The Man Who Helped Bring Impact Hub To The U.S.

Tim Freundlich found untapped potential in 'pigeon poop' encrusted London warehouse

“People are all a part of a global tribe,” Tim Freundlich says in a conference room that looks every bit like its name — Hubble. “Even though we are separate, we are starting to understand each other as part of one movement and one group of creatives and entrepreneurs. And it’s pretty differentiated, because it’s already spreading so nicely as a network of nodes — like tapestry wrapping the Earth.”

Nearly 10 years ago, Tim Freundlich walked up five floors to the top level of a London warehouse covered in pigeon poop not far from the Angel Underground Station in the Islington borough, where he met an anthropologist and a band of misfit do-gooders — professionals and creatives of all sorts scattered about a workspace designed for interaction and collaboration. “The anthropologist said, ‘Over there is a green building designer, and there is a philanthropist, and here’s somebody doing fair trade fashion,'” Freundlich recalls. The rawness of the frenetic, borderline chaotic spot captivated him. He wasn’t quite sure what he was seeing. But he knew he wanted to be a part of it.

The anthropologist was Jonathan Robinson and the warehouse was the first iteration of what’s become known as Impact Hub. Created in 2005, Impact Hub was a co-working space before anyone knew what co-working was. By 2007, the London space grew from about a dozen users to more than 200. People like Freundlich, who had heard of the space, came in droves, often from great distances, to learn how they could create similar hubs in their respective cities — like a do-gooder pilgrimage to Social Impact Mecca. By 2008, nearly a dozen hubs had surfaced around the world, including a second London location, multiple locations in Europe, even one in Johannesburg, South Africa — though none, at that time, in the U.S. Eight years later, there are 86 Impact Hubs spanning five regions, with 21 more in the making.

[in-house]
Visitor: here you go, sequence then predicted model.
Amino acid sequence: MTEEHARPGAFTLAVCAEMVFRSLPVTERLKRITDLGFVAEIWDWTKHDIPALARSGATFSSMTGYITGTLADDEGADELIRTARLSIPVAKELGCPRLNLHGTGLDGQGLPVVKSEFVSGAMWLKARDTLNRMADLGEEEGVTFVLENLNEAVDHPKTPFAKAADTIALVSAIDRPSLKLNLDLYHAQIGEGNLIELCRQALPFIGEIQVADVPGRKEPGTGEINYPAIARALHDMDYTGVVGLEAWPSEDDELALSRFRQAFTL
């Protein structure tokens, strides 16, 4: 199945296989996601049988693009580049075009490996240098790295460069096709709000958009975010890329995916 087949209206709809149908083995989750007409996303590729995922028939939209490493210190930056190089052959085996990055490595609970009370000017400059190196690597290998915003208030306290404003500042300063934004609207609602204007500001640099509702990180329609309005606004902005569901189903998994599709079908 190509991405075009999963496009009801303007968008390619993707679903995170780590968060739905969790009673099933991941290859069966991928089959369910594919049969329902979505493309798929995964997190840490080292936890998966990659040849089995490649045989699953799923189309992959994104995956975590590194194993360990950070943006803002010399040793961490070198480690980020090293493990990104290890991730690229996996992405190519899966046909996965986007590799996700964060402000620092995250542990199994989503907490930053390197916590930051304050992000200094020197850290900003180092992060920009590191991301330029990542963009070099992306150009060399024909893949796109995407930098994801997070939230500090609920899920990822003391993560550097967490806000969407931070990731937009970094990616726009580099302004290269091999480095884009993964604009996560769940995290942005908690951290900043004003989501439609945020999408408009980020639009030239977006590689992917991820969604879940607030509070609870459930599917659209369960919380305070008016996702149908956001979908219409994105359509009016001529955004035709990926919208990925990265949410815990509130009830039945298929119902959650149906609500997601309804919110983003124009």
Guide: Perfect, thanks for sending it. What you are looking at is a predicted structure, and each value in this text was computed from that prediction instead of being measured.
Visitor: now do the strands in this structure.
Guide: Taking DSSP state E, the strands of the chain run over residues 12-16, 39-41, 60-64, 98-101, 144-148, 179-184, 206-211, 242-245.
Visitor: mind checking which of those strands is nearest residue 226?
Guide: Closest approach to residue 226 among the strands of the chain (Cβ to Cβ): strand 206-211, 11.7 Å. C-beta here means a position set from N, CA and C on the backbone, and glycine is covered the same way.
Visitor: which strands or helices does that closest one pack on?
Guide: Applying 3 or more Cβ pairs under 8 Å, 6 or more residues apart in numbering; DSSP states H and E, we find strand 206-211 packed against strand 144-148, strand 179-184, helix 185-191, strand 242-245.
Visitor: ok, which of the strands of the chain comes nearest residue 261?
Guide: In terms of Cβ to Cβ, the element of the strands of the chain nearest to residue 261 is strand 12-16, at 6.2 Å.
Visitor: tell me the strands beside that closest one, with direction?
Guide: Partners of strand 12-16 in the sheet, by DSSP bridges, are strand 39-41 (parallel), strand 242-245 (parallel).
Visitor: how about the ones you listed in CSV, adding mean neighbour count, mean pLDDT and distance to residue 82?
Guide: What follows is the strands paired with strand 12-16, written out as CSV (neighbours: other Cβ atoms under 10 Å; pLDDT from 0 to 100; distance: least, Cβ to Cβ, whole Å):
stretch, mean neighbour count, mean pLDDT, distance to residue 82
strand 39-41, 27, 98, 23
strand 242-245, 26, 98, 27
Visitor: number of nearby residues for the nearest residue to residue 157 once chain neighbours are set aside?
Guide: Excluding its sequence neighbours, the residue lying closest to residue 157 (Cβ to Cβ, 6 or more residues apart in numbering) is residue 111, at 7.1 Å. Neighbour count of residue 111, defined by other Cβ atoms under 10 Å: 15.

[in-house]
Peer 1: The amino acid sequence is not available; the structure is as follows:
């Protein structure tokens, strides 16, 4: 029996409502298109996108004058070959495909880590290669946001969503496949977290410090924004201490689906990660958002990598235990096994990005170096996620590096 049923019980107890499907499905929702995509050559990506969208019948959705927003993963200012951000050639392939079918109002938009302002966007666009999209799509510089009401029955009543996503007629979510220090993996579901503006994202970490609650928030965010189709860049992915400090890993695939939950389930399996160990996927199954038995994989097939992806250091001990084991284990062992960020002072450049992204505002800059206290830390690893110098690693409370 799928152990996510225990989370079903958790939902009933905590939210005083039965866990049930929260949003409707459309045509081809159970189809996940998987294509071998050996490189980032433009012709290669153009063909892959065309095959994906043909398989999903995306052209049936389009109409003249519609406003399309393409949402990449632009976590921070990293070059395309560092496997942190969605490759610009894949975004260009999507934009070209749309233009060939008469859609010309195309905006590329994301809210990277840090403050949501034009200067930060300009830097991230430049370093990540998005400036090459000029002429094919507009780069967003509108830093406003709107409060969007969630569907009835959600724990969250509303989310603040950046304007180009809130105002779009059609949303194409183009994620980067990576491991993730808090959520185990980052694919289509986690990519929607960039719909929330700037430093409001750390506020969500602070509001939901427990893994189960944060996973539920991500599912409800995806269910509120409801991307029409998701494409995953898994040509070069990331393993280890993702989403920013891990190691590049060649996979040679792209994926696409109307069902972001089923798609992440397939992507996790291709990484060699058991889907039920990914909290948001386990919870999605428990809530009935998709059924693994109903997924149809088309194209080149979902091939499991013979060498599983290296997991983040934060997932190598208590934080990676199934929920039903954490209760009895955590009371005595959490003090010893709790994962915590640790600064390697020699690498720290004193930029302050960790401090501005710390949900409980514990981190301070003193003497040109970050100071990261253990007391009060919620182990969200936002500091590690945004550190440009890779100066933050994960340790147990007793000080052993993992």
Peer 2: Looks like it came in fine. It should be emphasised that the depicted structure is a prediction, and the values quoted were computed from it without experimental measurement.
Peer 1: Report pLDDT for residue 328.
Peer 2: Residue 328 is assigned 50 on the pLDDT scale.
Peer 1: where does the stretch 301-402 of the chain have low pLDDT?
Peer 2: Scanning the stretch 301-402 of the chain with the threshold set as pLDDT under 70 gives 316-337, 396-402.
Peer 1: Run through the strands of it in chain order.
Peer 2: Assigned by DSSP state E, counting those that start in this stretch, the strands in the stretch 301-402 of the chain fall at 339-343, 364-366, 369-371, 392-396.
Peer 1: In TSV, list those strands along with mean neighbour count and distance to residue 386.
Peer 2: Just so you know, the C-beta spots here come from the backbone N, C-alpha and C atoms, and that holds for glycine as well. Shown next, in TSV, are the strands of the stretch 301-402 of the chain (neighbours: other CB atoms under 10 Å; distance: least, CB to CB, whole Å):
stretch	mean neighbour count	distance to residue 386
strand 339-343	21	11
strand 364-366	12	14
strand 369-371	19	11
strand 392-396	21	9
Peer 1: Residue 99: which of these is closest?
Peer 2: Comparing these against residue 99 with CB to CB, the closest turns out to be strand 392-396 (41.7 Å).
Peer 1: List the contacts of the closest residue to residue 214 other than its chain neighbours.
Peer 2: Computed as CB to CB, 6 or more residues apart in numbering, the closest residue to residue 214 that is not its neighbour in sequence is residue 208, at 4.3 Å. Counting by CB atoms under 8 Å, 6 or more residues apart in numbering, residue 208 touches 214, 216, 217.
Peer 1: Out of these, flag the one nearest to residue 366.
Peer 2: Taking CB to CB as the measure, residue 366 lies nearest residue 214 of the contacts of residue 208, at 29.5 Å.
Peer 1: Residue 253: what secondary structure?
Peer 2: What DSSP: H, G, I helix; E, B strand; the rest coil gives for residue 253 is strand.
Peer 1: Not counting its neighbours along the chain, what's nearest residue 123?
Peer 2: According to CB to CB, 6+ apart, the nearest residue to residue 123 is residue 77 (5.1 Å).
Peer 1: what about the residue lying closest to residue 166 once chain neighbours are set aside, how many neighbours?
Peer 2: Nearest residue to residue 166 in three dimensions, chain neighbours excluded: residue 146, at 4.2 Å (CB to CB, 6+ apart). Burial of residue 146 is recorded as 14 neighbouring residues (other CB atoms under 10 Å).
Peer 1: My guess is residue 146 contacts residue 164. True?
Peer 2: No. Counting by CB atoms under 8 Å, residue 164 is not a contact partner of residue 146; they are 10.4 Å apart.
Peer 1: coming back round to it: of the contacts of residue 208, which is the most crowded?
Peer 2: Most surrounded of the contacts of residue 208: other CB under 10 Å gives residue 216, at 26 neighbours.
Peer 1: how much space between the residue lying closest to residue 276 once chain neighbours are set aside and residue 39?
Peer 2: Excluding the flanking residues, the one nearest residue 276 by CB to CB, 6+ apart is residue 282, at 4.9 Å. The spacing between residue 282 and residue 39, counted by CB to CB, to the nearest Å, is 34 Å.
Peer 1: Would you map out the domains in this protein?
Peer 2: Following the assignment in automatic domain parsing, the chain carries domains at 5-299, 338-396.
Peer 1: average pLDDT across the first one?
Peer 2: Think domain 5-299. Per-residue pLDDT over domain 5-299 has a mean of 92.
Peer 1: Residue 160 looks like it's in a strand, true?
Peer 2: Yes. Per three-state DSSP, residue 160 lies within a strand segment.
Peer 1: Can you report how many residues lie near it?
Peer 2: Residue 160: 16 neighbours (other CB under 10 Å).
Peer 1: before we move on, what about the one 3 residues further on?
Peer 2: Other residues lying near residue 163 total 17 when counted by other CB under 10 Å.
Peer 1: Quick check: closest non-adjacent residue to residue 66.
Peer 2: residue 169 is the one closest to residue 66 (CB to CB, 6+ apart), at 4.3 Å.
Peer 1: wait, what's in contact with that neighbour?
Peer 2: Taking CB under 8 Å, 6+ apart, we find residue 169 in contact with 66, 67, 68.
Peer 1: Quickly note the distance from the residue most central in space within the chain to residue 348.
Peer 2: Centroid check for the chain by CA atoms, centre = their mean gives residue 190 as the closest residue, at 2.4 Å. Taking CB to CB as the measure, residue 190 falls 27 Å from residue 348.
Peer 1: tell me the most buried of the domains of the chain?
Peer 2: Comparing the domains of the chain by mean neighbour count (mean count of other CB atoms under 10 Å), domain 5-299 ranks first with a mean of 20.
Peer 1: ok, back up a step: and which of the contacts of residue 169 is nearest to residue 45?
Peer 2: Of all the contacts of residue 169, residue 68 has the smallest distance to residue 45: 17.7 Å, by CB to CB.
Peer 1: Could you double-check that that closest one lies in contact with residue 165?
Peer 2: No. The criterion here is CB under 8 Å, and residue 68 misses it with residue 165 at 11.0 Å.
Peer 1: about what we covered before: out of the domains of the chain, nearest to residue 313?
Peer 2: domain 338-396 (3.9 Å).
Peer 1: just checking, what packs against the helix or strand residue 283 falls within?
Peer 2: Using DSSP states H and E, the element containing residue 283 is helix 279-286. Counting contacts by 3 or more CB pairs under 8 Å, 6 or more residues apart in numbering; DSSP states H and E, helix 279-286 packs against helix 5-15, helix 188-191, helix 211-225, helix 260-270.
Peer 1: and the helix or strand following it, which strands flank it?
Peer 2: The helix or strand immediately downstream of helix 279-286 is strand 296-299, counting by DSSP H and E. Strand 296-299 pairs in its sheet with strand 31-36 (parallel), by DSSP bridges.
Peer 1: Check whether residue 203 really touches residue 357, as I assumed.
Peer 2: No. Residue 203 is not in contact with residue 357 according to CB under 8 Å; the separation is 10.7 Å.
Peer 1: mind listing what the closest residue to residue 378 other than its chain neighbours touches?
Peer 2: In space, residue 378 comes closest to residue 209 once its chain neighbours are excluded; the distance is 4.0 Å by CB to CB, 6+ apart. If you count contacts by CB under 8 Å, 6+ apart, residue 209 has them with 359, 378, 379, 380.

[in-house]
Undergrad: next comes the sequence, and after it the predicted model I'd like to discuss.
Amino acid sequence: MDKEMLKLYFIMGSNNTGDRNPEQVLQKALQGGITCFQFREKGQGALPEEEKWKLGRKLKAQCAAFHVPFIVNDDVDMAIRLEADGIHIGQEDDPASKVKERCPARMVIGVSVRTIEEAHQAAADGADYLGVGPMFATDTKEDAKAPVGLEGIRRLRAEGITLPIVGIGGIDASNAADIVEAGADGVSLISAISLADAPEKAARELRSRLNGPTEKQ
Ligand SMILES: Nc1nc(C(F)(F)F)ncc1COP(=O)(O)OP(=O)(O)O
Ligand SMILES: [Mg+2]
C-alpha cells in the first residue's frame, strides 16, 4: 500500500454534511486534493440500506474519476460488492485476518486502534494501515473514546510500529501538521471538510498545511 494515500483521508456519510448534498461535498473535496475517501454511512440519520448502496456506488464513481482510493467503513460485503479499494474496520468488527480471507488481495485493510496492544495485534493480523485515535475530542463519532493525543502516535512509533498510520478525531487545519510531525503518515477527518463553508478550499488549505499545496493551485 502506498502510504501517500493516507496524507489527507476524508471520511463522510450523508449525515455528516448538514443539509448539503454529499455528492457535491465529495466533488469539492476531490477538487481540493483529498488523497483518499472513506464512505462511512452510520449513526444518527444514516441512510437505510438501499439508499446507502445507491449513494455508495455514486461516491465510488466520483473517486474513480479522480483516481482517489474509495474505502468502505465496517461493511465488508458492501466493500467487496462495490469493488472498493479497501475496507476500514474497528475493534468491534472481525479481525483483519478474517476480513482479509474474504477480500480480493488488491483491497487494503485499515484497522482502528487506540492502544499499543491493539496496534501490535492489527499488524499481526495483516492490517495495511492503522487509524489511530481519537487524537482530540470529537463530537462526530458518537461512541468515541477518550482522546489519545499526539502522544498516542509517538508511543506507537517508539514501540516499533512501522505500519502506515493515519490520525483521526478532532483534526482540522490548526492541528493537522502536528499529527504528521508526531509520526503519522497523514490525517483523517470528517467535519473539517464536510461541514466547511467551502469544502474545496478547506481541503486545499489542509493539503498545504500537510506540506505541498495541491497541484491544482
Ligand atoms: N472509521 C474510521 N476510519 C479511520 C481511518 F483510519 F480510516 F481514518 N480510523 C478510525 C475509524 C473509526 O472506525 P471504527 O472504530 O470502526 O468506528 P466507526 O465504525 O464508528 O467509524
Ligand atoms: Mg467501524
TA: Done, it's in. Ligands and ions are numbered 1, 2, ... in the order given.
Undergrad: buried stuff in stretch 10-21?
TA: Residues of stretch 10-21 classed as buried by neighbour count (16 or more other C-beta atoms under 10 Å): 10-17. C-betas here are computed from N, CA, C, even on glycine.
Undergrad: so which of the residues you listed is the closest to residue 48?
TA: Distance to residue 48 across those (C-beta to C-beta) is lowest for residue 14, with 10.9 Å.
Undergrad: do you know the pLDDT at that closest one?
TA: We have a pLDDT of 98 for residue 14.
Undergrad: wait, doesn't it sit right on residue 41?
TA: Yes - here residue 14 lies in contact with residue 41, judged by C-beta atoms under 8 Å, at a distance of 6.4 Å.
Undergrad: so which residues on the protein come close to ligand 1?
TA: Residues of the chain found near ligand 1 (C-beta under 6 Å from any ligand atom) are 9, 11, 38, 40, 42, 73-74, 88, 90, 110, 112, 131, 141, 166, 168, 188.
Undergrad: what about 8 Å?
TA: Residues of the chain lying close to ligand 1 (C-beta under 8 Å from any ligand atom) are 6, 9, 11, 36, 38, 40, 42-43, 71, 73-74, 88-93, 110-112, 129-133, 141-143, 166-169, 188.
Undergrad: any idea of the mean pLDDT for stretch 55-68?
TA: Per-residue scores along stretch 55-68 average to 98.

Many could have driven the introduction of Impact Hub to U.S. soil. But few would have been more prepared and accepting than Tim Freundlich of such a radical way of operating a workspace. The 48-year-old grew up bouncing around co-ops, group houses, and alternative high schools in what he now describes as “a hyper-countercultural cooperative, hippie context” in New Haven, Connecticut. “I grew up very much ensconced in a bunch of intentional community folks who were starting up enterprises and co-ops,” Freundlich says of his early days.

He also grew up surrounded by socially minded parents and family friends. “I’m a true second-generation social entrepreneur, even though we didn’t have the language of that growing up,” Freundlich tells We See Genius in a conference room appropriately named “Hubble” inside Impact Hub San Francisco. Indeed, in 1982 Freundlich’s father, Paul, founded what is now called Green America. According to its website, the Washington, D.C.-based nonprofit, known as Co-op America until 2009, has a mission to “harness economic power — the strength of consumers, investors, businesses, and the marketplace — to create a socially just and environmentally sustainable society.” Paul Freundlich also was instrumental in the formation of Calvert Foundation, one of the largest impact investing foundations, which would eventually hire the younger Freundlich for an internship. Tim’s mother was an artist, he says, and still is today.


It wasn’t until Freundlich entered college at Wesleyan University in Middletown, Connecticut that he realized there is a world outside of the intentional community counter-culture. Living in a commune, spending Saturdays packaging bulk nuts at the co-op, and going to a school run by your parents wasn’t the norm, the only-child soon learned. It was like being thrown into a “different discourse,” Freundlich says now. “The whole foundational taxonomy and rules to the game was absent.” It was a shock, but it could have been worse, Freundlich says: Wesleyan is a liberal arts university known as much for activism as academics. “I can only imagine what would have happened if I went to an actual buttoned-down college,” he says, still sounding in awe of the idea. “We were taking African dance and drumming, which were some of the most popular classes.”